Monthly Archives: October 2015
A Methodology for Greater Impact of Green Infrastructure Projects
The planning community has increasingly recognized green infrastructure as the most effective approach for cities to manage the environmental impacts of stormwater runoff, a major sources of contamination to urban waterways. Despite this recognition, green infrastructure has not yet achieved the desired scale of implementation, in part, because implementation produces highly variable results. However, green infrastructure pilot studies, called ‘demonstration projects,’ have been conducted throughout the United States with encouraging results.
In his thesis, Alex Marks (MCP ’15), uses the case of Boston to explore how demonstration projects can further green infrastructure implementation. Alex identifies four major objectives of case studies: (1) testing the physical performance of green infrastructure for wider use, (2) fostering interdepartmental learning to construct and maintain green infrastructure projects, (3) cultivating public awareness and support for green infrastructure, and (4) achieving regulatory compliance. If demonstration projects are designed to reflect these four objectives, they can reduce the hazards of stormwater runoff. Alex constructs a recommended demonstration project methodology to assist city planners in formulating green infrastructure initiatives. Green infrastructure can contribute to greater equity in the allocation of stormwater discharge permits. To read more, see Alex’s thesis, here.
Despite a growing acknowledgment for need for cities to adapt changes presented by climate change, the question of adaptation finance remains uncertain. Often unable to access global climate funds, cities must seek out alternative sources to support their adaptations to climate change.
In her thesis, Toral Patel (MCP ’14) examines the particularly challenging environment for local governments in India, where incomplete fiscal decentralization resulted in developmental deficits and resource constraints. Using Surat, Gujarat, as a case study, her research examines how cities in India might fund climate adaptation despite limited fiscal and administrative autonomy. It furthermore explores how the urban finance system might affect the implementation of climate adaptation strategies at the city level.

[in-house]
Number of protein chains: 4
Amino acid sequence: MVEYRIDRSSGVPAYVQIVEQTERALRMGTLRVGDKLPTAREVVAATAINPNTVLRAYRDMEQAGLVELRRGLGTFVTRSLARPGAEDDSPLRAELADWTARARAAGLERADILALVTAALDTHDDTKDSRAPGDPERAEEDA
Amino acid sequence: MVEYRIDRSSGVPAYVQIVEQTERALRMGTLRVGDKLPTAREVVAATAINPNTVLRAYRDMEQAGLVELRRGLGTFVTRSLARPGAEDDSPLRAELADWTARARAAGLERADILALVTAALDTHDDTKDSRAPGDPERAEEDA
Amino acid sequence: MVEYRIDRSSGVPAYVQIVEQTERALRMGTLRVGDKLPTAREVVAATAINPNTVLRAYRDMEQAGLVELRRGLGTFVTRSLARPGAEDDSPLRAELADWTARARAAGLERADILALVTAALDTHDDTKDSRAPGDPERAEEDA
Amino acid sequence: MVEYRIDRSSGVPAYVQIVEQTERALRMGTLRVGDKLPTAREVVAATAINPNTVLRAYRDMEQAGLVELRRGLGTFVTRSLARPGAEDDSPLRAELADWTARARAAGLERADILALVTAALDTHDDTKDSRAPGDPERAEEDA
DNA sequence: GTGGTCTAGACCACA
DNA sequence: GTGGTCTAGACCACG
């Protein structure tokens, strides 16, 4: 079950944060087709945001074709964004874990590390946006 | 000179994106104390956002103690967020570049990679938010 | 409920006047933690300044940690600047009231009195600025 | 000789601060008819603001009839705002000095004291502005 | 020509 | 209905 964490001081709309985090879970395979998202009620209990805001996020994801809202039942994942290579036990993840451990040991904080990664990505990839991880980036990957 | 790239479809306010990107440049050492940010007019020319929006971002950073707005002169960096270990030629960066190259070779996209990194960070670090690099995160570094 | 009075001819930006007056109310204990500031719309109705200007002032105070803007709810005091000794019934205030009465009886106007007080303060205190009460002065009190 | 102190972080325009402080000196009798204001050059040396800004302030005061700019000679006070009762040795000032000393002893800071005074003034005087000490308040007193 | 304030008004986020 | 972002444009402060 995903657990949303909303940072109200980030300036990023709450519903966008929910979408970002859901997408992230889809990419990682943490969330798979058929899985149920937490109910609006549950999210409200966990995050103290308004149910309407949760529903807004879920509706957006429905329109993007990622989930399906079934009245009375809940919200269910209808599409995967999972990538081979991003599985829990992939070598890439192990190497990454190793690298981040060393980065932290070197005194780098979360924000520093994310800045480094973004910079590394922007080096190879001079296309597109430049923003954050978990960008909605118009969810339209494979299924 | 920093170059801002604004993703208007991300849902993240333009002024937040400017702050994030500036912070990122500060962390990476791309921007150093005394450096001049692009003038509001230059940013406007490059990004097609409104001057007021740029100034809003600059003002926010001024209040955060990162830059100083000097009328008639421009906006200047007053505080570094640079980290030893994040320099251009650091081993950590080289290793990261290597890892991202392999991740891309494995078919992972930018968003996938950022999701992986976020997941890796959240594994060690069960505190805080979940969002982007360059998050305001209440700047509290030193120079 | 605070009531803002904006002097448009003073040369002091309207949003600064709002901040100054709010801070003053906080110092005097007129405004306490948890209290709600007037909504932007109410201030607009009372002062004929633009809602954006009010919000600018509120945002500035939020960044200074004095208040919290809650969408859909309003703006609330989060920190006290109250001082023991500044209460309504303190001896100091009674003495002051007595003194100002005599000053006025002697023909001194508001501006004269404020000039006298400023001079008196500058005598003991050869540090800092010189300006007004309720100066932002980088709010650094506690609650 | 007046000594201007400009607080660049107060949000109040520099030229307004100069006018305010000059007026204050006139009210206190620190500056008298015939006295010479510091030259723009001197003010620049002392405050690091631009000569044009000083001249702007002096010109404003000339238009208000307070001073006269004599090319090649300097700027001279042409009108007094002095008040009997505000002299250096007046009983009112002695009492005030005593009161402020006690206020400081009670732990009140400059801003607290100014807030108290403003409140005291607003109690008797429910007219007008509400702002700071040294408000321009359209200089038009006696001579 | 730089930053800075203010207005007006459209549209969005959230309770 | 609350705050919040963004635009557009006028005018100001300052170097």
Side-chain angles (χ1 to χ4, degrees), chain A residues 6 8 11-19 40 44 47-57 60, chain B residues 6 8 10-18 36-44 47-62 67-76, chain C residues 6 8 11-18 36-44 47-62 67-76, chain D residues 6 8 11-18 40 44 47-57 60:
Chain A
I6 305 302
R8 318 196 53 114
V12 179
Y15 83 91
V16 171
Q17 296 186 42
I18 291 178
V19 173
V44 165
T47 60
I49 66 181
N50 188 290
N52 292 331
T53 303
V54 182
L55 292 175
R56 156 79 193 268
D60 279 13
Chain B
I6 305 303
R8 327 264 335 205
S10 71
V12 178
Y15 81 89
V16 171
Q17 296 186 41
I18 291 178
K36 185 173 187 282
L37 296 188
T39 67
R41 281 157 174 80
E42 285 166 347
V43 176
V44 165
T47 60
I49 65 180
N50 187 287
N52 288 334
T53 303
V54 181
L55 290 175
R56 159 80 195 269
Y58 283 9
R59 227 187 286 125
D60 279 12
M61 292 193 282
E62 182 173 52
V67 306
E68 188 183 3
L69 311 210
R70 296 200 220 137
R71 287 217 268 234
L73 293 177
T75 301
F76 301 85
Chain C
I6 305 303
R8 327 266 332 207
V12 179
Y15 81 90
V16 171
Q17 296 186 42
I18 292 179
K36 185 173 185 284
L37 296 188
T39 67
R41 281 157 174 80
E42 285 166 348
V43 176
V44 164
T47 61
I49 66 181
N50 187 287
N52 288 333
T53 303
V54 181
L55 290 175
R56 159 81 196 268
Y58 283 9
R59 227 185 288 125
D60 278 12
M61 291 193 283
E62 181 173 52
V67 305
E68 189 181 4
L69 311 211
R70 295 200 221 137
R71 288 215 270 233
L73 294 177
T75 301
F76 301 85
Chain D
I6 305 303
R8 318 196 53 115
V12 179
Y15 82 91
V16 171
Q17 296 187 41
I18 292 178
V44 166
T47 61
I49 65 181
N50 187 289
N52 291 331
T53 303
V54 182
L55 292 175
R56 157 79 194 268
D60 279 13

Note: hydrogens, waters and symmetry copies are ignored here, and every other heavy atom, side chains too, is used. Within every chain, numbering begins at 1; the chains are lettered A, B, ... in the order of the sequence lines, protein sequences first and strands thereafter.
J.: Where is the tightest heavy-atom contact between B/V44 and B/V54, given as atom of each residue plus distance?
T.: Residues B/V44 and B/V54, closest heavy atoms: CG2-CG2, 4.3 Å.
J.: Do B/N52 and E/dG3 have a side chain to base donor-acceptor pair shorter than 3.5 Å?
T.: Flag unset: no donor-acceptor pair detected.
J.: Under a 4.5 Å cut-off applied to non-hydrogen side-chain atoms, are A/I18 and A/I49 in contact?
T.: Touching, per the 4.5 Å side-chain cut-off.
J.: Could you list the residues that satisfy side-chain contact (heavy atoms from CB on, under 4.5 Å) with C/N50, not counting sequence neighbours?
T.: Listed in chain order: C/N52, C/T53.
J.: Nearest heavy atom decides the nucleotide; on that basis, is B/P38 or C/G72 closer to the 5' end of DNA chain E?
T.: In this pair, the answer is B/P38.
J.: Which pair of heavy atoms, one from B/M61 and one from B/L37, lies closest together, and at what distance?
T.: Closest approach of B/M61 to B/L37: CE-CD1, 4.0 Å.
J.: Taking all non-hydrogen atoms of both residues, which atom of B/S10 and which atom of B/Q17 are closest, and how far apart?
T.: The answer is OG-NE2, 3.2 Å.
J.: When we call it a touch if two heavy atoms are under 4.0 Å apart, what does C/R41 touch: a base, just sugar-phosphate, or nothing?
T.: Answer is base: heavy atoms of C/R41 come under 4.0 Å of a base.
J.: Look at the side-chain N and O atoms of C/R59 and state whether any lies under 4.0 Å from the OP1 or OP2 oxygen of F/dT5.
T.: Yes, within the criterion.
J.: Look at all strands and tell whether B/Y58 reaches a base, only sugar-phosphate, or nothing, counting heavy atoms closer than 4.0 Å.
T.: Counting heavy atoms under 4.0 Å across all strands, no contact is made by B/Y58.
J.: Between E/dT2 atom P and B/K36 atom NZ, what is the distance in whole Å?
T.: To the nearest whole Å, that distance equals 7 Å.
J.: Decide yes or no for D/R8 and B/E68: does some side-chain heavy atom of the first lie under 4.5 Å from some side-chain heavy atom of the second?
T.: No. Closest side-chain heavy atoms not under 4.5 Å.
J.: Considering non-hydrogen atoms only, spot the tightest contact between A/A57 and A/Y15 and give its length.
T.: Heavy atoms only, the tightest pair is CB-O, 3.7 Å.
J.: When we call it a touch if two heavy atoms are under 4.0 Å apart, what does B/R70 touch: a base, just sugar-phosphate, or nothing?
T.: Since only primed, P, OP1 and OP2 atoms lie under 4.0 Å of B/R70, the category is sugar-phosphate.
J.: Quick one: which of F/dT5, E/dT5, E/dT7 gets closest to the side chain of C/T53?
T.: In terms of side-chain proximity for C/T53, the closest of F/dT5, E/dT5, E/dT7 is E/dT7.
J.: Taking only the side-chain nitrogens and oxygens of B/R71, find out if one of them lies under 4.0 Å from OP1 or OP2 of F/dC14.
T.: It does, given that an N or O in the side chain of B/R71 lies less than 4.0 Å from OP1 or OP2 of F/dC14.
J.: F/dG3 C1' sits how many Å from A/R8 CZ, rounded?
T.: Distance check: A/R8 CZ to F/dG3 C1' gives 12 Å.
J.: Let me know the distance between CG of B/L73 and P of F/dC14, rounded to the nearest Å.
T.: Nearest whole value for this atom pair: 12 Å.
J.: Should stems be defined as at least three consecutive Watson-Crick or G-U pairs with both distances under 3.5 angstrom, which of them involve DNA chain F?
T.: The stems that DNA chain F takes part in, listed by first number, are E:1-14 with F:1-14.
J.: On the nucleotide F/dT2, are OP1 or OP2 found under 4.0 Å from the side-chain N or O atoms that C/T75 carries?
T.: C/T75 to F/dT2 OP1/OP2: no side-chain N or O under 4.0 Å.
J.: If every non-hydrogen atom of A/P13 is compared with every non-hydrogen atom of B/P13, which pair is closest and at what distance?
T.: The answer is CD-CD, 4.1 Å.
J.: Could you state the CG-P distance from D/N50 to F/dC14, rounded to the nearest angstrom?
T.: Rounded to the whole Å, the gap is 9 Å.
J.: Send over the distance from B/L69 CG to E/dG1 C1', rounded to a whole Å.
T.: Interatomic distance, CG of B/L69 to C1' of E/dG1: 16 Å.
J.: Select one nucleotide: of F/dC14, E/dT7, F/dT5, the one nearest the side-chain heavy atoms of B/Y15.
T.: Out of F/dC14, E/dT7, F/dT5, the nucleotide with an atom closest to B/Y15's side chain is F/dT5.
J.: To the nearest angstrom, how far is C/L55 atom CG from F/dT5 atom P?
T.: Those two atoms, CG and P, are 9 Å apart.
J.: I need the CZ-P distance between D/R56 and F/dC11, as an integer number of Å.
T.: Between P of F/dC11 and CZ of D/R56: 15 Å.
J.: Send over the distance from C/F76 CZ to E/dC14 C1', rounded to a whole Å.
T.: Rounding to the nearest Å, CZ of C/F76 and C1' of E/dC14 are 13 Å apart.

The study of Surat suggests that cities can effectively marshal funds from international, national and state sources to invest in climate adaptation. However, relying on external sources for funding has required trade-offs between policy agendas, resulting in a fluid understanding of “climate adaptation” on the ground. While the urban finance system appears to have encouraged experimentation in Surat, it may constrain the effectiveness of climate adaptation at the city level.
In addition, limited fiscal autonomy has hindered access to alternative sources to finance, such as public-private partnerships and municipal bonds. Combined, these factors have contributed to a project-based approach that may compromise longer-range and comprehensive adaptation plans.
To further cities ability to adapt to climate change, Toral identifies experimentation and innovation in financing climate adaptation as the crucial elements. Read more about Toral’s work in her thesis.